More babies are expected to be born in Australia thanks to a breakthrough new IVF offering. Available exclusively to patients of Genea, the new technologies significantly reduce the need for disturbance during the vital stages of an embryo’s development, leading to- on average- more embryos per IVF attempt.
The fertility group has launched a new version of their culture medium Gems, which when combined with Genea’s Geri incubator, has seen an increase of 12.2% in the number of high grade embryos per cycle when compared to the traditional incubator and culture medium system.*
Genea’s Medical Director, Associate Professor Mark Bowman said; “the results are testament to Genea’s consistent commitment to improve fertility treatment and to maximise the chance couples have of fulfilling their dream of becoming parents in the least number of cycles possible.” He added; “the results are further evidence that there is a difference between the technologies offered in IVF labs and subsequently, the chance a patient has of success. Genea is getting closer and closer to mimicking the undisturbed natural environment of a woman’s body – where a human embryo would normally be - and I believe our success rates reflect this.”
Culture medium, the vital solution that supports embryo development outside the body, has traditionally needed to be replaced at different stages. Firstly, to support fertilisation, then when there is division of cells in the early embryo. Finally, it is replaced again when used for the blastocyst, the ball of cells developed by day five when the embryo is ready for transfer into the uterus. Additionally, at each point of development scientists spend time reviewing the embryos out of the incubator, exposing them to unfavourable elements.
However, Genea has now developed a continuous culture Geri medium, a universal liquid that is suitable for every stage of embryo development, eliminating the need to change the solution and enable undisturbed embryo growth. It’s the next iteration of the Gems sequential media and is specifically developed for their new Geri time lapse incubator. “Genea has been developing embryo culture media since the early 1990s. Solutions developed by Genea have been used in more than 600 clinics across 60 countries, even some of our competitors are using older version Genea-developed media,” Genea Scientific Director Steve McArthur said. “Whilst we will sell the system globally, the new generation embryo culture media coupled with Geri will be exclusive in Australia to Genea patients at no extra cost.”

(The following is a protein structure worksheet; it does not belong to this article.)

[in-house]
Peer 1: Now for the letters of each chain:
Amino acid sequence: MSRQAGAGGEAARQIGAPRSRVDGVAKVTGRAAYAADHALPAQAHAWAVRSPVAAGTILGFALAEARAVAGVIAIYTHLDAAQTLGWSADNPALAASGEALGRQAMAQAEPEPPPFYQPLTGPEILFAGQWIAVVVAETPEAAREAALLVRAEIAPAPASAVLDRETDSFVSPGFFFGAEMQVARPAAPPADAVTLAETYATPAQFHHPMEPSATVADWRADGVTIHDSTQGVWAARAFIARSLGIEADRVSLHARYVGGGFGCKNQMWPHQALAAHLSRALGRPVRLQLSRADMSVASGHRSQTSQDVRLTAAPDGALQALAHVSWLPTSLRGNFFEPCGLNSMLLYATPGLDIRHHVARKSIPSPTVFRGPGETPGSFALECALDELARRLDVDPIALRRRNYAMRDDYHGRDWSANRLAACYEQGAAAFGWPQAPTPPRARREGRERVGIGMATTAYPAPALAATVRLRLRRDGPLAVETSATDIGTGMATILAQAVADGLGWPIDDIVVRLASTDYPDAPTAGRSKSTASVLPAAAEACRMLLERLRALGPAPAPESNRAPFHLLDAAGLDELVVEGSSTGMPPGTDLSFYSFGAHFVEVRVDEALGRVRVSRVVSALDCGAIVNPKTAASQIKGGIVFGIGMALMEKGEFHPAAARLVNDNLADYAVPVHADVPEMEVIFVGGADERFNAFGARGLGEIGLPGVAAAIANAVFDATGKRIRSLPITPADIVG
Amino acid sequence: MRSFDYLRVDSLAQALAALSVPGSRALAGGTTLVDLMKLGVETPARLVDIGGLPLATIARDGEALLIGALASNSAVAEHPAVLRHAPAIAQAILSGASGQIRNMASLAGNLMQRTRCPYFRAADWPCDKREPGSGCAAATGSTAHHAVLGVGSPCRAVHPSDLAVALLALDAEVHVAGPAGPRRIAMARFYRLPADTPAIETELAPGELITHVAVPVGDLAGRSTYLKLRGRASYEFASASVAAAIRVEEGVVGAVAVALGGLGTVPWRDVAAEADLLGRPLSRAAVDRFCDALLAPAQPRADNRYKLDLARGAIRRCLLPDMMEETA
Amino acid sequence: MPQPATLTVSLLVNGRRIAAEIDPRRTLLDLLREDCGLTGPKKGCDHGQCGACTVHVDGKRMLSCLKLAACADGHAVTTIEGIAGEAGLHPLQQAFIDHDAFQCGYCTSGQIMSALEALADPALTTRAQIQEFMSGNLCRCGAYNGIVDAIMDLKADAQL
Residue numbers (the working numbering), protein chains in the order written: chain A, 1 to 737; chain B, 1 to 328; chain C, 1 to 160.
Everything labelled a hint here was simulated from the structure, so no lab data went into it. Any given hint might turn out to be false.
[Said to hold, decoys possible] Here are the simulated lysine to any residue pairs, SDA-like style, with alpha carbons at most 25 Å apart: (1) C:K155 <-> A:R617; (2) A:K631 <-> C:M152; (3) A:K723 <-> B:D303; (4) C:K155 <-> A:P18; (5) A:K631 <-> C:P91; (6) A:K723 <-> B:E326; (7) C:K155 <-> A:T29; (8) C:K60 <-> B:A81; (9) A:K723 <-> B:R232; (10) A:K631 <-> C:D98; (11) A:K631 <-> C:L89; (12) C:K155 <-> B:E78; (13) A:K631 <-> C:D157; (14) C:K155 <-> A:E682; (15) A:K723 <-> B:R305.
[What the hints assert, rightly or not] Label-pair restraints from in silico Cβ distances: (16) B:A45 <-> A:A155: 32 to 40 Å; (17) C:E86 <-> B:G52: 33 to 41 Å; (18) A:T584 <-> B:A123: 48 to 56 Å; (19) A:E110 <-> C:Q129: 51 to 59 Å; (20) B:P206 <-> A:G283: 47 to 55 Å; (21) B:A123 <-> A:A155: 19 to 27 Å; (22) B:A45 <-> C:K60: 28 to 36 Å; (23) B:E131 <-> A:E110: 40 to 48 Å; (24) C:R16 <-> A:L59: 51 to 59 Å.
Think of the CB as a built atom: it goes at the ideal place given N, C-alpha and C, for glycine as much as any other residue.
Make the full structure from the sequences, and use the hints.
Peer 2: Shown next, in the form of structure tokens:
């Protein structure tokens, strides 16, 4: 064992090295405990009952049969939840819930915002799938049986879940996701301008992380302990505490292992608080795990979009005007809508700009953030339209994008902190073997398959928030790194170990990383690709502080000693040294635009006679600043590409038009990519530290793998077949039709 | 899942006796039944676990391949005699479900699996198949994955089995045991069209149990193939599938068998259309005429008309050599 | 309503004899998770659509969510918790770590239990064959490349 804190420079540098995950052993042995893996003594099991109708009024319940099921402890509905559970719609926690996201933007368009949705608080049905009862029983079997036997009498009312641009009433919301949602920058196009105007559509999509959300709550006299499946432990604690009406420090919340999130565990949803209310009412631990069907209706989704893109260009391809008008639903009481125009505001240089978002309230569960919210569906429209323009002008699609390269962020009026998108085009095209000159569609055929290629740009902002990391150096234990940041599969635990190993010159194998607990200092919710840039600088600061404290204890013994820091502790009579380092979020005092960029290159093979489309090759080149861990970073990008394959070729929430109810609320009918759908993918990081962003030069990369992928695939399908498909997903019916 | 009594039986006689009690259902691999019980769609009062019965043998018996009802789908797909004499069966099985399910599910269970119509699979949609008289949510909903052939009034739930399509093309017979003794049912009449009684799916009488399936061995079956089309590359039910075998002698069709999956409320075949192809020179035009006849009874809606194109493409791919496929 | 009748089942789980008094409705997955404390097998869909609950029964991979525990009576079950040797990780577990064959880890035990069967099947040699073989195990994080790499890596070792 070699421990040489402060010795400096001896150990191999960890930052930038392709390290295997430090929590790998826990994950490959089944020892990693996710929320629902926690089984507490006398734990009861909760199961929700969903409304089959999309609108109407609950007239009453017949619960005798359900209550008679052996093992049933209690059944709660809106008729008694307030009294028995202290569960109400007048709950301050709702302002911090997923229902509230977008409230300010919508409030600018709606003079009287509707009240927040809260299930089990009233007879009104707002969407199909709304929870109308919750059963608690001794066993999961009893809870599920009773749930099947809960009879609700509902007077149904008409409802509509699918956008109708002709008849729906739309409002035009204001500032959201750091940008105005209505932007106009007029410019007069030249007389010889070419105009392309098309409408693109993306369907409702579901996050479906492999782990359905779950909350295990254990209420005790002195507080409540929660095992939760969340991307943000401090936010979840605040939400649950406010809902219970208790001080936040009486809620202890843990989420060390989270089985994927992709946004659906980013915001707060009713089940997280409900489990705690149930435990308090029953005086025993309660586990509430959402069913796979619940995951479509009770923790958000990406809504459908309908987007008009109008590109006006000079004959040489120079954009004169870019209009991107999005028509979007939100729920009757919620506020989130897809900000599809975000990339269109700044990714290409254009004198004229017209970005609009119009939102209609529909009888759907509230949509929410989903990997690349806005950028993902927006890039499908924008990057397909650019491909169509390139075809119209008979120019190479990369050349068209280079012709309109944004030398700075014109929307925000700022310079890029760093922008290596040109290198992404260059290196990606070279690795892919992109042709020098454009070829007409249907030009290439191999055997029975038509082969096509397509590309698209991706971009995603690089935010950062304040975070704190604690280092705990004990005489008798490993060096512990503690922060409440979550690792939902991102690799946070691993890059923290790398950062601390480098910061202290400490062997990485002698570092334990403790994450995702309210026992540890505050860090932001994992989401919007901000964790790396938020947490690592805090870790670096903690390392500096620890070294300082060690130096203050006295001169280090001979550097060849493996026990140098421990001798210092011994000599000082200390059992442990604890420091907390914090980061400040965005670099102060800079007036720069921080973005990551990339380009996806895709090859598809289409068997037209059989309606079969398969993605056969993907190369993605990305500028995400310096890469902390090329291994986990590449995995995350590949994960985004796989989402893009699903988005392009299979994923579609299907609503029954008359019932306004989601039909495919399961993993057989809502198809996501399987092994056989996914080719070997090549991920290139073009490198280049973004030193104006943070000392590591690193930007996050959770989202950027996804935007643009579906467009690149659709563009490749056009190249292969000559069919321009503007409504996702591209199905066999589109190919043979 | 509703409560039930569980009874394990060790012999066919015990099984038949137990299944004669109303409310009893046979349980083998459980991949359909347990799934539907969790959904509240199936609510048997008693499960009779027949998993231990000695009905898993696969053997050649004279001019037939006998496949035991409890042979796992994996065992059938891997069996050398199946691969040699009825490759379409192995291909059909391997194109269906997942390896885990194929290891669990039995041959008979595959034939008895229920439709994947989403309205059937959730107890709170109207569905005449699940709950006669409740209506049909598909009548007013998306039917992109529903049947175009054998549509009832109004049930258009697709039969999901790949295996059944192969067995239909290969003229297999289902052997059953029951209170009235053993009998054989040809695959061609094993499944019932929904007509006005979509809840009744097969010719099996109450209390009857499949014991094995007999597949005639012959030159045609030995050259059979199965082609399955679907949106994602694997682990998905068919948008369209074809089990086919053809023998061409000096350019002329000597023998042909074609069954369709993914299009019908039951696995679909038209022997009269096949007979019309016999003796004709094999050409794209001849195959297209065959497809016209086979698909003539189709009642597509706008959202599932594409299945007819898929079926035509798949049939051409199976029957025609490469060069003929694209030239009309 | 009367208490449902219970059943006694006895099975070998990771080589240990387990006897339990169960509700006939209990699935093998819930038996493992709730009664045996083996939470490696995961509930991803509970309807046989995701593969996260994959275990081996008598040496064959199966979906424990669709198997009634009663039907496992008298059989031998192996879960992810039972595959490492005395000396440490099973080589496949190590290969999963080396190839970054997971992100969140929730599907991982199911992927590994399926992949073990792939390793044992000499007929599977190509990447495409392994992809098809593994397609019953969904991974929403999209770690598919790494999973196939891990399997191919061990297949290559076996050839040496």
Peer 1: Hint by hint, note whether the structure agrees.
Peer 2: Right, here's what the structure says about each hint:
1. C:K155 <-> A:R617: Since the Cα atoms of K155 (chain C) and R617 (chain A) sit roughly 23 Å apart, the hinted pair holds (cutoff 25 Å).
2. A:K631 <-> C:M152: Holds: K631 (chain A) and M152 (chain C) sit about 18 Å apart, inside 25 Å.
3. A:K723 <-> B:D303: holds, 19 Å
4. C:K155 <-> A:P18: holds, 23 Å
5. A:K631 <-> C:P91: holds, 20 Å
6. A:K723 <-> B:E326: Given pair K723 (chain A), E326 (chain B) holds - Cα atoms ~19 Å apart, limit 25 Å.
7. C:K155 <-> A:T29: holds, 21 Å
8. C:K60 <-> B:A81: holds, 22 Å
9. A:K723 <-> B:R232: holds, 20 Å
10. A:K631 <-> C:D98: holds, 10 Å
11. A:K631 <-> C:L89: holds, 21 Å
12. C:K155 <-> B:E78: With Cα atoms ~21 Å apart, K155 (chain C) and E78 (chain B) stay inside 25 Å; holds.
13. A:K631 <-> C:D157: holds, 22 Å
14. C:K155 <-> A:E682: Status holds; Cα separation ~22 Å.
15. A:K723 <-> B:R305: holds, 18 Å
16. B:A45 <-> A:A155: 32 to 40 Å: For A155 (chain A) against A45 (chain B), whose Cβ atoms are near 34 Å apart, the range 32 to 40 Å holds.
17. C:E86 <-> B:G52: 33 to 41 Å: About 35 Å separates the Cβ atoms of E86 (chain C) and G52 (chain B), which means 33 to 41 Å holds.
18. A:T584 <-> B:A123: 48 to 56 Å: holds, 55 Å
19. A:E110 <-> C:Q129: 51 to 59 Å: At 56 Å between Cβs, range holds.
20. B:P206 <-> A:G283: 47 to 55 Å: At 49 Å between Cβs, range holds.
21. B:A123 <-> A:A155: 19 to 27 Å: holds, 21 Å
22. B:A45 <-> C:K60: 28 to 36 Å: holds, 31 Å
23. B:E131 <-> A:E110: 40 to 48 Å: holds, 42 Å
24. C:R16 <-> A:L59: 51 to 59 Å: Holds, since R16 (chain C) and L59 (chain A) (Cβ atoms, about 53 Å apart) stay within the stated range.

Traditionally, IVF clinics have used incubators that have more than one patients’ embryos in a single chamber with no time lapse camera, meaning the incubator had to be opened every time one patient’s embryo needed checking and/or when the medium needed to be changed.
Geri, Genea’s benchtop incubator with individually controlled incubation chambers per patient and time lapse camera, gives scientists’ continuous monitoring of embryos which eliminates the need to open the incubator to check on embryo development. “Other time lapse incubators on the market, have multiple patients in the one space, meaning even if they had a single step media, embryos would still need to be disturbed when scientists check other patients’ embryos,” Mr McArthur said.
Initial data from Genea’s exclusive new lab culture system is showing encouraging results thanks to the significant drop in the need for embryo disturbance. “It’s fair to say that if a patient has more viable embryos for transfer or freeze, it’s likely we will make more babies per egg collection – and it’s the egg collection, with the injections, day surgery procedure and cost - that is the greatest impost to the woman. In contrast, the subsequent use of frozen embryos is simple, often drug free and not so expensive,” Associate Professor Mark Bowman said. He added, “Therefore, leading technology presents a significant cost and emotional benefit to patients and a saving for the government.”
These figures have undergone a peer review process and were presented at the Fertility Society of Australia Conference in Adelaide in October 2017.
Patients seeking help with fertility are encouraged to speak with a Genea Fertility Advisor, confidentially and obligation free, about how Geri and Geri Medium can maximise their potential for having a baby.
* Study performed at Genea’s flagship Kent Street, Sydney CBD laboratory
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